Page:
Driving in snow like dancing at grade school

“Leave some room and keep your hands up,” this old directive from your grade school principal at school dances should be your guiding mantra as you drive on snow-filled roads.

So Toronto gets at least 50 centimetres of snow over a one-week period and judging by the idiocy of some drivers in this city, I now easily understand why panic sets in at the first few flakes which flutter down.

 I am now a firm believer that in order to get your license you should be required to take driver training in the winter and not just in the city but in the back-country- where the elements are far less forgiving and roads get plowed when the snow plow digs itself out.

We live in C-A-N-A-D-A my dear Toronto-area drivers. You know, “The True North Strong and Free”, the land whose iconic imagery includes polar bears, igloos, Eskimos, outdoor ice hockey, the Rockies and icebergs.  I know Toronto sometimes considers itself a country unto itself but it is not and here is the newsflash- it is February in CANADA and gosh darn-it- it tends to SNOW this time of year.

Keeping that in mind, remember to use your signal when driving in this weather. Some drivers definitely need to be reacquainted with this neat little feature all cars have. You tend to activate it when you hit this lever attached to your steering column. The sound goes “click, click” when you hit it and this causes a light to flash in the direction you flick the lever- incredible- I know.

When you remove snow from your car after a good dusting, just clearing a four inch by four inch square on your windshield- so you can look straight ahead- is not the brightest thing to do. I saw this phenomena, not once, not twice but three times today.

To our sports car enthusiasts, you know who are, you have a sweet ride with a car stereo which rivals the car’s value. The low-profile tires on your vehicle will do you no good in snow and sleet. I saw a dozen cars with low-profile tires struggling up inclines or skidding and bouncing into snow banks today.

If you can afford a sporty car, you can afford a set of all-season or snow tires. Frankly, you do not look too cool spinning in one spot as a 1983 Toyota Corolla calmly drives past you.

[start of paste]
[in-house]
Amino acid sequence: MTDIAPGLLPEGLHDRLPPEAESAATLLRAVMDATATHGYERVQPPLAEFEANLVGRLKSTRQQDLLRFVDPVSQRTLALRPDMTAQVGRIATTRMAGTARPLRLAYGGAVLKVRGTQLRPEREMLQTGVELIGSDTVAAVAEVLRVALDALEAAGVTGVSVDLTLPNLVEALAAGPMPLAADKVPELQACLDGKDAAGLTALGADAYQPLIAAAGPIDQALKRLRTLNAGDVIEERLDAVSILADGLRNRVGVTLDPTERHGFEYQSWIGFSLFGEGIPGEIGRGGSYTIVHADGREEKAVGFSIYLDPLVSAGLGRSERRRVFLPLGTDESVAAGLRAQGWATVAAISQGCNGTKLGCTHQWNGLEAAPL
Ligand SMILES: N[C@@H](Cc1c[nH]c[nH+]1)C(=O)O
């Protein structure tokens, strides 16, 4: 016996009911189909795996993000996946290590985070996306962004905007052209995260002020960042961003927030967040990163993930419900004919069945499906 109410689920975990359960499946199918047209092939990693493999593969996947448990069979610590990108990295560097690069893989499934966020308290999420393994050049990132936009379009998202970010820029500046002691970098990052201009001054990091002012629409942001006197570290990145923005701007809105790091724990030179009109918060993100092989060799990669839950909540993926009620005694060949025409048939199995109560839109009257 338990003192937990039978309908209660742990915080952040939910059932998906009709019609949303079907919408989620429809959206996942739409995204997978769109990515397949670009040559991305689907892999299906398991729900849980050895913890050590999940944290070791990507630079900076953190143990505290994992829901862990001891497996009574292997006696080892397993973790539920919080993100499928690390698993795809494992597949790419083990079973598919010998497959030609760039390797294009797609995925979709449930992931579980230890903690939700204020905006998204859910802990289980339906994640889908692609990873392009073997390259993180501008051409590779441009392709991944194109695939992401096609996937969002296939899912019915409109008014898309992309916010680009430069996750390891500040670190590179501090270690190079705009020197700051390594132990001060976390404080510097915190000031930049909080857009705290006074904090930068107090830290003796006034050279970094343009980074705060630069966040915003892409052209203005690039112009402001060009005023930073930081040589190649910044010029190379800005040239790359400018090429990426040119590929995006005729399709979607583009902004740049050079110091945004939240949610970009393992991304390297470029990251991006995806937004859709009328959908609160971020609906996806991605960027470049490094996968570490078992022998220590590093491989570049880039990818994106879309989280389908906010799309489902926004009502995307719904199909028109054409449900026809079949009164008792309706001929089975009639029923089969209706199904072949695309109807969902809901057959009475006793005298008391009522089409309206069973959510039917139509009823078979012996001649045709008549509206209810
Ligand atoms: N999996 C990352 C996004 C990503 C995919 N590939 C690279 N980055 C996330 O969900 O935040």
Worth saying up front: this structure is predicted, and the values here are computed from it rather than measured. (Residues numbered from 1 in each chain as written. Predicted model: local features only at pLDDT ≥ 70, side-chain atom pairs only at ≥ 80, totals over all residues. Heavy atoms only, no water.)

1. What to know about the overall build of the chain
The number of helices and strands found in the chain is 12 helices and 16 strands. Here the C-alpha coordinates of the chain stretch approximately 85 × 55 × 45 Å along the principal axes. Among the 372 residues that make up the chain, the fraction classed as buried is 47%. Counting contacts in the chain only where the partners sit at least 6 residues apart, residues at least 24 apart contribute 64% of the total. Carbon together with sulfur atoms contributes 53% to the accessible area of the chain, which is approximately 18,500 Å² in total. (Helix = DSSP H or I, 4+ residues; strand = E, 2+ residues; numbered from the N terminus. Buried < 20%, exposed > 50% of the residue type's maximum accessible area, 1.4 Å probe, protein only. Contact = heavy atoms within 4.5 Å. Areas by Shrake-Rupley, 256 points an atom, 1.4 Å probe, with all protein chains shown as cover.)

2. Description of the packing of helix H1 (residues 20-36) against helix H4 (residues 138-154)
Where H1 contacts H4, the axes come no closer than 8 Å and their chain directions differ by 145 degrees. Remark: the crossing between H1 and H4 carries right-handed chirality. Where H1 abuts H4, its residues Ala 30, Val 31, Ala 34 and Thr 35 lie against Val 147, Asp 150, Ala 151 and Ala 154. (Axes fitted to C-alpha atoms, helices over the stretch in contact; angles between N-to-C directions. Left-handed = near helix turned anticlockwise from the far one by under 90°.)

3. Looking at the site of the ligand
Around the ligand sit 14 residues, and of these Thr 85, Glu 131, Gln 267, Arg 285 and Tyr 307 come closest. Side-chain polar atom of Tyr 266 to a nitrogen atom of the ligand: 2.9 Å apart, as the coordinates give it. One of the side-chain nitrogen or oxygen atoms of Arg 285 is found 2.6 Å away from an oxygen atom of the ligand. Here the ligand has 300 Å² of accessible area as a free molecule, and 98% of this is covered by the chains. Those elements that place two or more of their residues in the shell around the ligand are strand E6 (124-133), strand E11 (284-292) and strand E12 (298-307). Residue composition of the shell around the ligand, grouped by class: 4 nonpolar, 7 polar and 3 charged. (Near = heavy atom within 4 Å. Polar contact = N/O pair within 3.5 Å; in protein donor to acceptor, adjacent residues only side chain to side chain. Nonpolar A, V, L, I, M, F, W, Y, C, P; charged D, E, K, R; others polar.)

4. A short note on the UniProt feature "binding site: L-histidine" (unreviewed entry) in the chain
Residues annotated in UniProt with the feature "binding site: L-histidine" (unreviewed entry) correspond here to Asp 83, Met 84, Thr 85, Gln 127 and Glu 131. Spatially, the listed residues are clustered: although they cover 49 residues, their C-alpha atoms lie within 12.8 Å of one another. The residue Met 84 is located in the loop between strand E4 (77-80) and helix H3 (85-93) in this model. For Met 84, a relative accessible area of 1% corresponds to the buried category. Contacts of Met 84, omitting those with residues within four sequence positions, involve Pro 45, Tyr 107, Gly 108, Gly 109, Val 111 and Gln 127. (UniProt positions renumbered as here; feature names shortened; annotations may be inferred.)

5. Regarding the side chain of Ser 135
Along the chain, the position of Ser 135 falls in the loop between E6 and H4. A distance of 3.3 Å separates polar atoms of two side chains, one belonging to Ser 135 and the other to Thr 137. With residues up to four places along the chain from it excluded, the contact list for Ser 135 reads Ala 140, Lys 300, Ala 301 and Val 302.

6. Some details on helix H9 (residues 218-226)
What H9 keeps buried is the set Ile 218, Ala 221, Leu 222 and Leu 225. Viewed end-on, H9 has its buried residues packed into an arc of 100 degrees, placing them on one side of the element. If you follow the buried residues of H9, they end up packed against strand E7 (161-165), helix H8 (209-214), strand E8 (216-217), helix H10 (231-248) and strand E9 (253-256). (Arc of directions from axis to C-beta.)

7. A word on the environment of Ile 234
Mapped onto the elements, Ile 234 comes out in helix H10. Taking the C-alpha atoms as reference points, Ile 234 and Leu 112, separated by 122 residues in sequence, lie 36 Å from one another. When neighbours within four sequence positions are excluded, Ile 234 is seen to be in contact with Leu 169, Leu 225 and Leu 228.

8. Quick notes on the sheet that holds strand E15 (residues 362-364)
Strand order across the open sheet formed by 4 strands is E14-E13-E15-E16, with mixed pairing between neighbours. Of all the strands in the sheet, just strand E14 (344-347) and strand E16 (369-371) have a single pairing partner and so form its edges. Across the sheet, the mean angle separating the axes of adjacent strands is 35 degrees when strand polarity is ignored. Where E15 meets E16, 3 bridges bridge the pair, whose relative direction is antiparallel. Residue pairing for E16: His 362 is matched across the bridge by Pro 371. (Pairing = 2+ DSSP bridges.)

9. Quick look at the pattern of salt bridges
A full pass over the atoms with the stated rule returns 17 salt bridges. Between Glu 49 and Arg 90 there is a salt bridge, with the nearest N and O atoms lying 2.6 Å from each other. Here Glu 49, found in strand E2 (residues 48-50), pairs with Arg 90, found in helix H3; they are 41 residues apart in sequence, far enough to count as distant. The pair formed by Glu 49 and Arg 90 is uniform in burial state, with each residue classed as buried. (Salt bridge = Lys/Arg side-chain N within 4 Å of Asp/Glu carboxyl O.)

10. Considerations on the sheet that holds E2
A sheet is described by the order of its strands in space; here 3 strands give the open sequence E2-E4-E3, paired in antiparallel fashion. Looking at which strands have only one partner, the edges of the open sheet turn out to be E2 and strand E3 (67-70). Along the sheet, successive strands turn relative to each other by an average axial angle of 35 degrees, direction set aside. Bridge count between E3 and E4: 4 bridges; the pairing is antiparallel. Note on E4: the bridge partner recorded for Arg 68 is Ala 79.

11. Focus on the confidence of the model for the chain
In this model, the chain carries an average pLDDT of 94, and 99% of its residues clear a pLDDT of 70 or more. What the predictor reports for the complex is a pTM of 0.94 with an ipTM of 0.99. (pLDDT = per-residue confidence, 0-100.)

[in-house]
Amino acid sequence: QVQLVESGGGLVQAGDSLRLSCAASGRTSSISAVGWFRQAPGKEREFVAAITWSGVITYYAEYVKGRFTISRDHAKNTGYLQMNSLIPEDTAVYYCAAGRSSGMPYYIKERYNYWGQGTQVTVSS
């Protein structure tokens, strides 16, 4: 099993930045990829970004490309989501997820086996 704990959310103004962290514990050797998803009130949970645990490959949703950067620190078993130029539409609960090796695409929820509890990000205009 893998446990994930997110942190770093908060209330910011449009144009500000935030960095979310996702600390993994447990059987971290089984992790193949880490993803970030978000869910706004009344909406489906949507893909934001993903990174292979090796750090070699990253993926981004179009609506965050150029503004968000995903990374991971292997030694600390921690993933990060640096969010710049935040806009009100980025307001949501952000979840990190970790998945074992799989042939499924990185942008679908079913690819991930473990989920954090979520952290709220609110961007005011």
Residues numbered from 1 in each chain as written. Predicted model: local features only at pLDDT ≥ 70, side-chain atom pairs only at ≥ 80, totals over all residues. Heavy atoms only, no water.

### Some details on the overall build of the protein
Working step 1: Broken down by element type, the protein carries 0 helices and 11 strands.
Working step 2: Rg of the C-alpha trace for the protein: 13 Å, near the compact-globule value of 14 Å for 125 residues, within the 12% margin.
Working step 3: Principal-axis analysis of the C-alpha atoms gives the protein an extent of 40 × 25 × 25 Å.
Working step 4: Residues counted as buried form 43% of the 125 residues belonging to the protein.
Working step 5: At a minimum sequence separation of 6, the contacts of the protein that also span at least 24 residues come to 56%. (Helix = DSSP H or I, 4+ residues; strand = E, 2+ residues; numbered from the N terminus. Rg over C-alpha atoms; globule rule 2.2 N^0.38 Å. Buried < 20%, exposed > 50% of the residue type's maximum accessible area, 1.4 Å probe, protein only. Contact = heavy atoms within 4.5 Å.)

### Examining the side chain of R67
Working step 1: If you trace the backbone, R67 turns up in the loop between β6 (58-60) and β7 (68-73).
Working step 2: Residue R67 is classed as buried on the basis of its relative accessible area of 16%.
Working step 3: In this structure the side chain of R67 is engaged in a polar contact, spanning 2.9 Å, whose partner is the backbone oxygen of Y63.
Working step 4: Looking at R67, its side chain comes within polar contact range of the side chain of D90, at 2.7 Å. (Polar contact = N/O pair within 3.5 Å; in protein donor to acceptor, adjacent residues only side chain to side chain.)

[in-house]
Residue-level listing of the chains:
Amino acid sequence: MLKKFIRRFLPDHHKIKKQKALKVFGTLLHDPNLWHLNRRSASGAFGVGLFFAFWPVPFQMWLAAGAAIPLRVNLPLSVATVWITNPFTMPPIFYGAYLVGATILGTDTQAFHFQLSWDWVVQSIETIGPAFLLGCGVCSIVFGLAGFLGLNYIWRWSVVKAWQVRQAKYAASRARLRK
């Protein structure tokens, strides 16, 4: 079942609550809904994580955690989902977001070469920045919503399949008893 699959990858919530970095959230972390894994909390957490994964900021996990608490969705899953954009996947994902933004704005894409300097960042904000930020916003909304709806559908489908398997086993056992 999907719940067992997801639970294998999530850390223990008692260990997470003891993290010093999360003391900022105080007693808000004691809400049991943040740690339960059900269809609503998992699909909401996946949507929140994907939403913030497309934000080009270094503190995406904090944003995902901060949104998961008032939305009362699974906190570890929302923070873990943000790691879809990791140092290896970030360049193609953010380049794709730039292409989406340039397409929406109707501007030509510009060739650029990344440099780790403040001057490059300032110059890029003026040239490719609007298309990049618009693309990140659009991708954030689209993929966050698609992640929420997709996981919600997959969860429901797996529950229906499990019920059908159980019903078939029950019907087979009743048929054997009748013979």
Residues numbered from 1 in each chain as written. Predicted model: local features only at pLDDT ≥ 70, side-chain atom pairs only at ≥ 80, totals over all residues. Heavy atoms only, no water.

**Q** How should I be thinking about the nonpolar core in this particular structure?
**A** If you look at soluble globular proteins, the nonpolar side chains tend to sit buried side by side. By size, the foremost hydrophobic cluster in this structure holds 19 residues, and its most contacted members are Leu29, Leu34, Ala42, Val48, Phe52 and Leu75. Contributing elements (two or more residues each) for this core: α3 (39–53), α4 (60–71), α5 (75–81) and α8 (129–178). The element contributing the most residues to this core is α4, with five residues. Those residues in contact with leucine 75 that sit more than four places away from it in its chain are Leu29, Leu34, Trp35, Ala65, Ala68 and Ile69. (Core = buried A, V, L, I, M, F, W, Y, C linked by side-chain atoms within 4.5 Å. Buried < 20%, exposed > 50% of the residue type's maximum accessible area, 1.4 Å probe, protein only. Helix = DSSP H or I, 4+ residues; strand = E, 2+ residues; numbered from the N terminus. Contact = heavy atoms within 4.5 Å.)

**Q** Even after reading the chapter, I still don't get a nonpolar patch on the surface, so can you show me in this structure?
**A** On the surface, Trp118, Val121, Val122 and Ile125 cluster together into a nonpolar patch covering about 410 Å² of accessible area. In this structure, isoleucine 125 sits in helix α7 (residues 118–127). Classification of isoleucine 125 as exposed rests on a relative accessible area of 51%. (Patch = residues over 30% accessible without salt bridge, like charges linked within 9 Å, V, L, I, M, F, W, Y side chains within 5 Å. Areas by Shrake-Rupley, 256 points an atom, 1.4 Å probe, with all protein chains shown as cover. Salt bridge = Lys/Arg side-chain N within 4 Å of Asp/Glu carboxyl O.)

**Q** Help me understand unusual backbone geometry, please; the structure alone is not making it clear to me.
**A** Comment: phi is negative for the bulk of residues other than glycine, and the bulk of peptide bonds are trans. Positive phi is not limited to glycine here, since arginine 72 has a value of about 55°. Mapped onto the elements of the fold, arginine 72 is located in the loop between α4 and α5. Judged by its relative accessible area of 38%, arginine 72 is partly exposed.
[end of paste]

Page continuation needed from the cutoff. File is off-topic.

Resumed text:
Remember to leave plenty of space in front of you just in case you have to brake suddenly or hit a slippery patch. Drive in lower gears, use your signal and keep your eyes on the roads and hands upon the wheel as Jim Morrison crooned.

Whether you like it or not, when bad weather hits, all drivers are in it together, so find some patience and courtesy along the way. If you do, you might just get to kiss that cute girl or boy at the end of your dance.

Advertisements

2 thoughts on “Driving in snow like dancing at grade school

  1. Peg

    You and Jeanne (Beneteau of the Northumberland News) must have been on the same wave-length! her column last Friday was a comparable rant about winter drivers – and specially the ones who only scrape that little peep-hole in their front wind-shields! That was hilarious and so true.

  2. You’re absolutely right, getting a driver’s license in our country definitely requires tested-and-true (by examiners, though not seeing how that would be possible to enforce) common sense. City people are bad drivers, and Toronto is no exception to that plague.

    Here are my two cents, if you’re interested.

Leave a Reply

Fill in your details below or click an icon to log in:

WordPress.com Logo

You are commenting using your WordPress.com account. Log Out / Change )

Twitter picture

You are commenting using your Twitter account. Log Out / Change )

Facebook photo

You are commenting using your Facebook account. Log Out / Change )

Google+ photo

You are commenting using your Google+ account. Log Out / Change )

Connecting to %s